Newbie here. My 17" MBP is shipping so will be here in 2-3 days. I also pimped my ride with 2 extra keyboards, mice, backpack, harman soundsticks, icurve stand etc.
Basically I am a dedicated Windows user all my life. I have literally NEVER used a Mac - not even for 5 minutes, but just spent a good few quid on this new machine.
Am I mad? I hope not. Basically my current setup is a Dell PC at work, and Dell PC at home - but at home I can only really check email etc because I keep all my files and programmes on the main machine. In theory I could maybe do something with an external hard drive, or swappable hard drive but it will just get messy.
So I decided on a laptop, especially as this will let me work overseas occasionally both for business and when on holiday. But 90% of the time I intend to use the laptop really as a portable hard drive - external mouse, screen, keyboard etc.
The MAC hardware gets consistently good reviews, good support, and only thing close might have been an IBM looking at my research - but hey that is the dull choice.
So at this stage my plan is to use it 95% for XP. It's a shame but with only a 120Gb hard drive (using 90Gb on the Dell and climbing) at the partition stage I am gonna need to make a life or death decision.
I think I am gonna need to give Mac OS the bare minimum size (reinstall it to min size) partition as I cannot change things later! This in turn means I cannot really then install much on the MAC side - just maybe a few bits for playing.
Looks like I can add some software so that MAC OS can maybe see the files on the main XP partition (so play music etc?).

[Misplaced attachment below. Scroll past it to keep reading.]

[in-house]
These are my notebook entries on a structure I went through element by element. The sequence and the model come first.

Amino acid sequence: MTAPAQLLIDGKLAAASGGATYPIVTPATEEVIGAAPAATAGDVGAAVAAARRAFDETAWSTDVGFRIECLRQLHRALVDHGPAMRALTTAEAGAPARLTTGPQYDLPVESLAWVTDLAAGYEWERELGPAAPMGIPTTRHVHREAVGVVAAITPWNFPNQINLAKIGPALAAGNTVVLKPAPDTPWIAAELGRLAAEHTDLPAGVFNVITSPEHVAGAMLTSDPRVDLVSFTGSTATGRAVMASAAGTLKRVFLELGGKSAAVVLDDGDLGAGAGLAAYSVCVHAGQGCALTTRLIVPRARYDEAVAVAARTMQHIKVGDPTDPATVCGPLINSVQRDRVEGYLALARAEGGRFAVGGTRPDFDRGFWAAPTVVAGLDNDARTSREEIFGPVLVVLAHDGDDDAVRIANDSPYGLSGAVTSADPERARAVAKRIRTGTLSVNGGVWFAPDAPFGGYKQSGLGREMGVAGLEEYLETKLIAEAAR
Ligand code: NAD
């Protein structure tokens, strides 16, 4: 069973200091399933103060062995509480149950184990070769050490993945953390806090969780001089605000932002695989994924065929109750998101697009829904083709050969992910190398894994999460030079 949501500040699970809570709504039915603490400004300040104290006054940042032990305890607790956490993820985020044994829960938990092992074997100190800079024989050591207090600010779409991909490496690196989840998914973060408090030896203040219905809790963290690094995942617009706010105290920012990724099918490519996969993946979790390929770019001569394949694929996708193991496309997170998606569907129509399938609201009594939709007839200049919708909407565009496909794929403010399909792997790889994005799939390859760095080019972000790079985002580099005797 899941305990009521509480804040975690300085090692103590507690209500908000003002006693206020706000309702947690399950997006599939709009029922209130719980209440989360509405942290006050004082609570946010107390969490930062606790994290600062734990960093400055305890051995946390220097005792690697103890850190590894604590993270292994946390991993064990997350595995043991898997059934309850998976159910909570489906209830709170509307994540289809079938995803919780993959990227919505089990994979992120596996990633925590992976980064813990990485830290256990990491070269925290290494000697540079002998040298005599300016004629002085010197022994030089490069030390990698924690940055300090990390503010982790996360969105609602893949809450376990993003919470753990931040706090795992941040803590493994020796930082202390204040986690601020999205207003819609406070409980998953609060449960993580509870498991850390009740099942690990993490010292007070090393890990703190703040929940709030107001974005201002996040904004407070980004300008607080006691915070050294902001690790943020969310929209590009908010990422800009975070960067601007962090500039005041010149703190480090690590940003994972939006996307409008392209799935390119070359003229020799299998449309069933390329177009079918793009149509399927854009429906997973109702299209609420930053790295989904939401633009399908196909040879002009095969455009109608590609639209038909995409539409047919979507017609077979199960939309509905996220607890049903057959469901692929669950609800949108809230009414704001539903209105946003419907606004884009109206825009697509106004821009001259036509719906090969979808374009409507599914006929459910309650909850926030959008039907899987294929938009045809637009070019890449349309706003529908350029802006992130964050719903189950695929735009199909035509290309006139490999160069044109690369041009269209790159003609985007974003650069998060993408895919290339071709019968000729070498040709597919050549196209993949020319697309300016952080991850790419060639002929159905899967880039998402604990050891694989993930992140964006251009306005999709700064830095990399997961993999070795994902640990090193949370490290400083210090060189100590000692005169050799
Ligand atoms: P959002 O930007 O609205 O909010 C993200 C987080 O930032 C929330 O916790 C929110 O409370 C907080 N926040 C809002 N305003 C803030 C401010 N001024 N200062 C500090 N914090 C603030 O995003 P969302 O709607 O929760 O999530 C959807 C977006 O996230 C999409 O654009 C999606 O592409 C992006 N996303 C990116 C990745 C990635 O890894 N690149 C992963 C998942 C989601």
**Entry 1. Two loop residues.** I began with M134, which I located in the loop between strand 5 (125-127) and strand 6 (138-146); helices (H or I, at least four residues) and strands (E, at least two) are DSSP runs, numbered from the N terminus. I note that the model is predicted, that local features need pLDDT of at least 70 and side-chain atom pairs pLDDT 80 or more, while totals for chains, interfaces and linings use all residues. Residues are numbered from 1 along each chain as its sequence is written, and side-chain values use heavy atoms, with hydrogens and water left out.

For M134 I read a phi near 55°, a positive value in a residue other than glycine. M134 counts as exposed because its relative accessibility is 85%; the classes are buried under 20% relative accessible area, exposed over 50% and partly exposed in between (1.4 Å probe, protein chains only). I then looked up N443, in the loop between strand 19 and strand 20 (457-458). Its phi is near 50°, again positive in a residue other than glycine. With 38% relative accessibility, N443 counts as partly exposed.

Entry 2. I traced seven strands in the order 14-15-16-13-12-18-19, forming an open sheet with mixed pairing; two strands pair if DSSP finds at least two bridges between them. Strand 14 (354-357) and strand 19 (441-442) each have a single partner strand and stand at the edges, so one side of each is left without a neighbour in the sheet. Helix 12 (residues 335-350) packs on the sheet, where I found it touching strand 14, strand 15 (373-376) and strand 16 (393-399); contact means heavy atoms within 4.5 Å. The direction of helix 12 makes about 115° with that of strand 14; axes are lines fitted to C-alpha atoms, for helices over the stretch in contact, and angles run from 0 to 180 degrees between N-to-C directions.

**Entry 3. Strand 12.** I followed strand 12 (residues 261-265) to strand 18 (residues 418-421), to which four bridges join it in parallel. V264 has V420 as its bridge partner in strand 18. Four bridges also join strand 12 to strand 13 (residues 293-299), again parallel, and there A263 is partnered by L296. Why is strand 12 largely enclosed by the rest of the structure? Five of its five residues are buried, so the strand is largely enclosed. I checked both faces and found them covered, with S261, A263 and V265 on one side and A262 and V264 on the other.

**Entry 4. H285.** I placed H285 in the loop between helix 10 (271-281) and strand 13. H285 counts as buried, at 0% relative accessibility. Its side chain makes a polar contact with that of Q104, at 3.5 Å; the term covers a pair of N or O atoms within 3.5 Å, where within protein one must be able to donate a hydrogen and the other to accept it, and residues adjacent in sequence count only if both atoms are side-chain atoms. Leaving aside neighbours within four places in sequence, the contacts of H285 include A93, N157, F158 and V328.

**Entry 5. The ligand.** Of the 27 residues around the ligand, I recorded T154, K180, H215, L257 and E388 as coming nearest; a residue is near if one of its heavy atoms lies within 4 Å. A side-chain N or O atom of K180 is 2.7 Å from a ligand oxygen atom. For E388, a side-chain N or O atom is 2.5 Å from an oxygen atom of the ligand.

It sounds brutal but in fact once Bootcamp is loaded could I actually delete the MAC OS if necessary?
I am gonna give myself a few weeks for a gradual change over, so might play with the MAC OS a bit. Also will see if I can delete some of the junk on my main PC and go maybe 90Gb and 30Gb on the partitions at least to give it a chance.
Am I missing any tricks here?
I know that Bootcamp is only Beta, but apart from the partitioning dramas it sounds stable and I know as soon as I switch to a laptop I need to back up religiously (even if it was an IBM etc).
Two tricks to explore / things to know that might help....
1) MacOS can read and write FAT32 but can only READ NTFS. I've also heard that it is not possible at present to partition your HD three ways (i.e. NTFS WinXP boot, FAT32 data partition, HFS+ MacOS Boot), although that would be perfect. I'm not 100% sure about that. But I heard that BootCamp's bootloader would complain at having more than two partitions.
2) There is a program called MacDrive that should let the WinXP system read AND write HFS+. I've heard it works well, although I have not used it personally. If it works for you, it might mean that it makes sense to make a larger OS X partition and store documents and media on it, since both systems will have access....
Link here about using it with Bootcamp:
If it truly reads and writes to the MAC OS then I would have no grumbles with having a bigger MAC partition and sticking my 30Gb or so of music and other stuff there that could sit easily enough on either side (photos etc).
Anyone else usd this software as it is not 100% clear if you can use only to "transfer" files, or actually access them - such as playing MP3 files etc.